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Our singing canaries

August 16, 2010

How many singing canaries do we need before everyone hears “the chorus”? This chorus of which we speak seem to be singing in a loud and unified song warning of the dangerous air that we all breathe in Texas.

To start listing a “top ten list of hits” by this chorus would take a lot of room on this site, so we will try to go with a smaller list.

Back in April, BP’s refinery in Texas City had some problems with it’s hydrogen processor went it went offline for 40 days. Suddenly, both workers and residents within a one mile radius began to show signs of illness. Even the TCEQ found that this was an “excessive emissions event”. The 10 billion dollar lawsuit was filed and only then were the plaintiff’s voices  heard.Once the TCEQ got this report, it tossed it into the lap of the state’s attorney general, Greg Abbott rather quickly. Mr. Abbott did the right thing in filing the lawsuit on behalf of the state.

The TCEQ hearings held in Arlington back in July were designated to discuss the high levels of smog that exist in the North Texas region. After the panel presented its findings, the public comment portion of the meeting began. Only the first two questions were vaguely related to smog issues. The remaining 41 public comments were all centered around the air quality in the DFW region as affected by natural gas drilling.

Again in July, TXI announced it’s plans to shut down the 4 kilns that have continued to produce toxic air quality from the southern end of Dallas county to the northern reaches of Denton county. Asthma numbers in our region continue to dominate the news. So when you have “flaming faucets” in your community or close enough to drive, you know you have problems. WFAA did a follow up report about the Gas Site #2 application that is awaiting approval from the city of Dallas. This one is proposed to sit between Joe Pool Lake, Mountain Creek Lake,close to  a fault line, an underground spring that feeds Joe Pool lake, and finally, next door to thousands of Dallas citizens. The mayor, or the city manager has yet to step forward and admit that this process has begun. Councilman Dave Neumann has announced that he will hold a town hall meeting to address the issue. Since the negotiations between city and industry began back in 2007, we thought that the summer of 2010 was more than a little late to be “talking” about the proposal.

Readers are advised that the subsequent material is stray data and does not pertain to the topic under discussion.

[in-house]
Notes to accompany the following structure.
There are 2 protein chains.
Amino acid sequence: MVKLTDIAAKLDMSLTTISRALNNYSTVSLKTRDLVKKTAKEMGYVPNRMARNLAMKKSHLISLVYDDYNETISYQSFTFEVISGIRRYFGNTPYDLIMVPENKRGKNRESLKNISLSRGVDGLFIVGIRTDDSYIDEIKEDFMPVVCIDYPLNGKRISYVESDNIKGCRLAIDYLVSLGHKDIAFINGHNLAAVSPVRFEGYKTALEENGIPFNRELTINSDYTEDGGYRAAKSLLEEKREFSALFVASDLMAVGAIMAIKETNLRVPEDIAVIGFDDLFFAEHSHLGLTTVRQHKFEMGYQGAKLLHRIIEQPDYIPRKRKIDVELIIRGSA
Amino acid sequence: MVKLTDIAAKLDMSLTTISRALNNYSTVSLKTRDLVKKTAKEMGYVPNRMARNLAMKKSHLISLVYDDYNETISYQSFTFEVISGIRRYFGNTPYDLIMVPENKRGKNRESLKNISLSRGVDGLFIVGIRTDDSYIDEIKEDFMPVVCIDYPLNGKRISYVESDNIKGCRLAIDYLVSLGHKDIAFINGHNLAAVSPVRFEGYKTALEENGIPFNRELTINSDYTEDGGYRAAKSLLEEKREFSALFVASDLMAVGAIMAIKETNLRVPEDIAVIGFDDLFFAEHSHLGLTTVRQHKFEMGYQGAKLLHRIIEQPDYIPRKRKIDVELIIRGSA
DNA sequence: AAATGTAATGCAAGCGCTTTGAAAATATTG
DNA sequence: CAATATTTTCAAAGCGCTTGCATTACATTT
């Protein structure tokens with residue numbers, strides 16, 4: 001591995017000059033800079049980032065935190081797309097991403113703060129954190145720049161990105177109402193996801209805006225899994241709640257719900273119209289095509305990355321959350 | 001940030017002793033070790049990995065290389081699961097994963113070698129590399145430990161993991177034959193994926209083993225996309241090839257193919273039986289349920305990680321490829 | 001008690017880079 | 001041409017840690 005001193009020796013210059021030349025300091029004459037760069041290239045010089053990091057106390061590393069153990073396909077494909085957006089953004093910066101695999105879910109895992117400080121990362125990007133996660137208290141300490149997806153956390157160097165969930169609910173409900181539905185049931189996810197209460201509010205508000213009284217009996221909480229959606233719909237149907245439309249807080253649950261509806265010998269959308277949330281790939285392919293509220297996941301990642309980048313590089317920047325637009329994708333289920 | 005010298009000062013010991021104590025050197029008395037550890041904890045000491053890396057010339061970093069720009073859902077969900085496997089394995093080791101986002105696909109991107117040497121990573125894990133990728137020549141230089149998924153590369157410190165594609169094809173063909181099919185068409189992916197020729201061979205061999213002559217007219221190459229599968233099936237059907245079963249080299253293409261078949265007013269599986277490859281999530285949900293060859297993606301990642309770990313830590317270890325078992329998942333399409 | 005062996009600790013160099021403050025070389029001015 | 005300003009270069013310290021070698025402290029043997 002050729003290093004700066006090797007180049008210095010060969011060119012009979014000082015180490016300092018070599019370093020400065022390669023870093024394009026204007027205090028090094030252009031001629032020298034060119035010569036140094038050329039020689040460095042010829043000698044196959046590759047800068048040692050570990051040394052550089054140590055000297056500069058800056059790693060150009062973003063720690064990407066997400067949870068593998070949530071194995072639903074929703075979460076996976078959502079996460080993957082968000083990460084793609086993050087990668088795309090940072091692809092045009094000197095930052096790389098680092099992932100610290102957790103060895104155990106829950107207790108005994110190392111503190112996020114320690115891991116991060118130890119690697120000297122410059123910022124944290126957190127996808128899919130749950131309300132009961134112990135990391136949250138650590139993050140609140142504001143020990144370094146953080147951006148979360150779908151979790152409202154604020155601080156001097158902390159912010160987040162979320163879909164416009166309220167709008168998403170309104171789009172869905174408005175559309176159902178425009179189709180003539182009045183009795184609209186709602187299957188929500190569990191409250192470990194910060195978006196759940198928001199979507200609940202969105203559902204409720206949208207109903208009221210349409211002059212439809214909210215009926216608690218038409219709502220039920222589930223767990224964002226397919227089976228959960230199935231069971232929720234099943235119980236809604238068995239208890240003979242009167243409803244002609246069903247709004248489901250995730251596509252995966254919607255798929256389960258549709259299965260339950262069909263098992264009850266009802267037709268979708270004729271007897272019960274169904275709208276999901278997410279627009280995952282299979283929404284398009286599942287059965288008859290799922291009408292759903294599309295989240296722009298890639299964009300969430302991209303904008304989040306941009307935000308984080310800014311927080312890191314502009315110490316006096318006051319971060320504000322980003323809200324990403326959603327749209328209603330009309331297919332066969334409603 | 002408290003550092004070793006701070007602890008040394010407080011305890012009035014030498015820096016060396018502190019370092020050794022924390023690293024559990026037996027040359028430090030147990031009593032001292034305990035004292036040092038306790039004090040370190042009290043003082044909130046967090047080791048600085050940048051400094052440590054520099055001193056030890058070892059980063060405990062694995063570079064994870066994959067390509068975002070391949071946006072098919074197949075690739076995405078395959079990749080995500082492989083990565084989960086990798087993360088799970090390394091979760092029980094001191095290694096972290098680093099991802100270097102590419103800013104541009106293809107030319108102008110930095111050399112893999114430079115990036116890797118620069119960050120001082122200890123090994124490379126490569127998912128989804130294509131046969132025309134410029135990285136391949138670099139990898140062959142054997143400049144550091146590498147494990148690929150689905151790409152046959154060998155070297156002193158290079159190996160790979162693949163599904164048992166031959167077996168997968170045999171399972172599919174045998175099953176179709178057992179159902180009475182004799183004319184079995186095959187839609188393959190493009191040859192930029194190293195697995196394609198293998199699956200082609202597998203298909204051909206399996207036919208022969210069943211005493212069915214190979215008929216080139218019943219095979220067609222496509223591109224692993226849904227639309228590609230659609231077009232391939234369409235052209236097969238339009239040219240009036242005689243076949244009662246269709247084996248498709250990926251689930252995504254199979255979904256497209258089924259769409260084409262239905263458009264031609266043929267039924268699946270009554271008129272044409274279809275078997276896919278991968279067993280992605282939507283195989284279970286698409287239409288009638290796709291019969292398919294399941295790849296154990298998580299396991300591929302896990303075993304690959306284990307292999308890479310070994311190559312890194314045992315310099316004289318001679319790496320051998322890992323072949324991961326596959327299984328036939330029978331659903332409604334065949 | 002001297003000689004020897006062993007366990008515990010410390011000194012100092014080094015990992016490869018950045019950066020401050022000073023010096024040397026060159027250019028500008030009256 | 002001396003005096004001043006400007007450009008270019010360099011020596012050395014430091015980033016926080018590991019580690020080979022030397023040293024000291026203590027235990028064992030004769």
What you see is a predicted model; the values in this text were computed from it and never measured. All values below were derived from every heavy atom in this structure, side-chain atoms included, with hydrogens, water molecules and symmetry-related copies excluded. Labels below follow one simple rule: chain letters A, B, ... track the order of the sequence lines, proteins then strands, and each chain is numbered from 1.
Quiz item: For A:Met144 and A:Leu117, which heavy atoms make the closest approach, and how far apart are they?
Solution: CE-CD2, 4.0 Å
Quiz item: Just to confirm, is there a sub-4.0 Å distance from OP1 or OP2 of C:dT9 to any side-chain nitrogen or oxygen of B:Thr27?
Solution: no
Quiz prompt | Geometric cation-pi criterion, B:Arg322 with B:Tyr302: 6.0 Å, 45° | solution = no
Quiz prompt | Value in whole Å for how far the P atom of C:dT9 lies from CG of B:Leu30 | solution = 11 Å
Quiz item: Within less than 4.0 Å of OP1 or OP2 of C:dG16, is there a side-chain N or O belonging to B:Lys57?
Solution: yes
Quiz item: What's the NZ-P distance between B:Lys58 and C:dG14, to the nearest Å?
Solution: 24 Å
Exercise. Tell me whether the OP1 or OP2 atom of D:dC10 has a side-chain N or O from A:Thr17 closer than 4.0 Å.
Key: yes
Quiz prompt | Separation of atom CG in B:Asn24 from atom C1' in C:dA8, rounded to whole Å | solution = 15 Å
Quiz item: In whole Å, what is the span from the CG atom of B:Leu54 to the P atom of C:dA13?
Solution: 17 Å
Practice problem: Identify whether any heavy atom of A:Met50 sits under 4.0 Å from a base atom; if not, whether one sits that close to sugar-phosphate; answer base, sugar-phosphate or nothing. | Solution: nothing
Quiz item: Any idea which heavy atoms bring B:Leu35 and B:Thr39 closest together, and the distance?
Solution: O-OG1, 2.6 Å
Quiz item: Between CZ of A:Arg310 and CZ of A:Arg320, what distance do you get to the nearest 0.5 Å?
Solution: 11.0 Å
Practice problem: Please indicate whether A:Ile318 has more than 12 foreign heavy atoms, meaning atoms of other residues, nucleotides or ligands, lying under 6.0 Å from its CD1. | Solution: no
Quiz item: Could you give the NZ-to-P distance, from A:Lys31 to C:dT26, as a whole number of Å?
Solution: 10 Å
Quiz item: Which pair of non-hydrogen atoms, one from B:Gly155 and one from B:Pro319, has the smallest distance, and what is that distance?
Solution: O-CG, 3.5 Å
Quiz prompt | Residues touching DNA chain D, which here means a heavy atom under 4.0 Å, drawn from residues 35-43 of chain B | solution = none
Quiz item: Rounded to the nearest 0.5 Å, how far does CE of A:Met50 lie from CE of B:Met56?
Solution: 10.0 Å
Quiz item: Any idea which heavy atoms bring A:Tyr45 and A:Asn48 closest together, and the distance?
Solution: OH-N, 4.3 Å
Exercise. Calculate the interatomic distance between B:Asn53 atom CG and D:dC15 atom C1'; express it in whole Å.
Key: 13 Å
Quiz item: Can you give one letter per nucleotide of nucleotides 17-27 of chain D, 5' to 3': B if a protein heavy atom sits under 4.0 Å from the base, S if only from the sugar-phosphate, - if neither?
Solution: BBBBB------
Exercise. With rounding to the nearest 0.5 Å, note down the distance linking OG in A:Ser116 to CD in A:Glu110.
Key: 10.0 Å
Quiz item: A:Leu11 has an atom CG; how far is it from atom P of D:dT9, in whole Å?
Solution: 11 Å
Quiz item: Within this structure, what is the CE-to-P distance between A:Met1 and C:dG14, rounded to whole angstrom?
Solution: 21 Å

Next up, the EPA hearings in Ft. Worth were held to discuss the effects of hydraulic fracturing in natural gas exploration. This was one of four hearings to be held in the United States regarding this process. That the DFW area was chosen as one of four regions is news enough for us. 600 people came to the hearing to listen to the EPA plan of investigating the process with results due in 2012. Comments ranged from gas industry spokespeople telling how safety was the number one issue for the companies, to residents telling the panel and audience their stories of mistrust for the industry and health/environmental catastrophes in their respective habitats.

Once again, on August 1 in Arlington, the EPA sponsored one of two hearings in the country built around natural gas drilling and it’s effect on air quality. DFW being designated a “hot spot” of concern for the government has not exactly sat well with the governor’s office. Repeatedly, the governor has stated that the TCEQ is doing the best job for keeping Texas air clean and job creation in Texas.

Coming up next month, on September 8th, the EPA holds hearings in Dallas regarding coal ash and it’s effects on our land and ourselves. Maybe it’s just “fate” but on Sunday evening, August 15, 60 minutes featured a story on this very topic. 130 million tons of annually accumulated coal waste seems a bit much, especially when mixed with flood water that envelopes a community.

So now we have today’s new hot hit with the air in Frisco full of lead as a result of the EXIDE battery plant located in town. It seems the EPA thinks that the air in Frisco is much too deadly for it’s citizens and is proposing new guidelines for the community.

With the city of Dallas on the verge of bringing natural gas exploration into the city, we think that the mayor, the city manager, and the city council might want to listen to the canary’s song. Only because we know that when the canary sings in the coal mine, it’s one song you might not like, but it’s a song you to which one must listen.

3 Comments leave one →
  1. August 16, 2010 1:23 pm

    The Oakridge School in Arlington is near the Quick Silver Gas Compressor Station and also near Exelon Power Plant and don’t those two make a lovely couple? One of the formaldehyde readings from the Titan air study showed 127 ppb (2.4 times higher than Houston Ship Channel and 7.5 times higher than maximum roadside levels). Last night I sent an “uninvited” press relaease to the faculty and to some of the parents on the parent committee. I received a call from the head master this morning who requested that I not be their canary – thank you very much and that I can move away if I don’t like what is happening to the city of Arlington. Easier said than done Mr Money.

  2. Ruth Ann King permalink
    August 19, 2010 5:40 pm

    I don’t like what’s happening to Arlington either. I have cut ties with my alma mater, UTA, over drilling and the harm that comes to the local community in return for the money UTA gets for leasing land to drillers. When school children are at risk and the community itself doesn’t care-what to you do? Perhaps the principal has his side to this story, but if he made such a comment-shame.

  3. Ruth Ann King permalink
    August 19, 2010 5:58 pm

    Cute Super Bowl costume!

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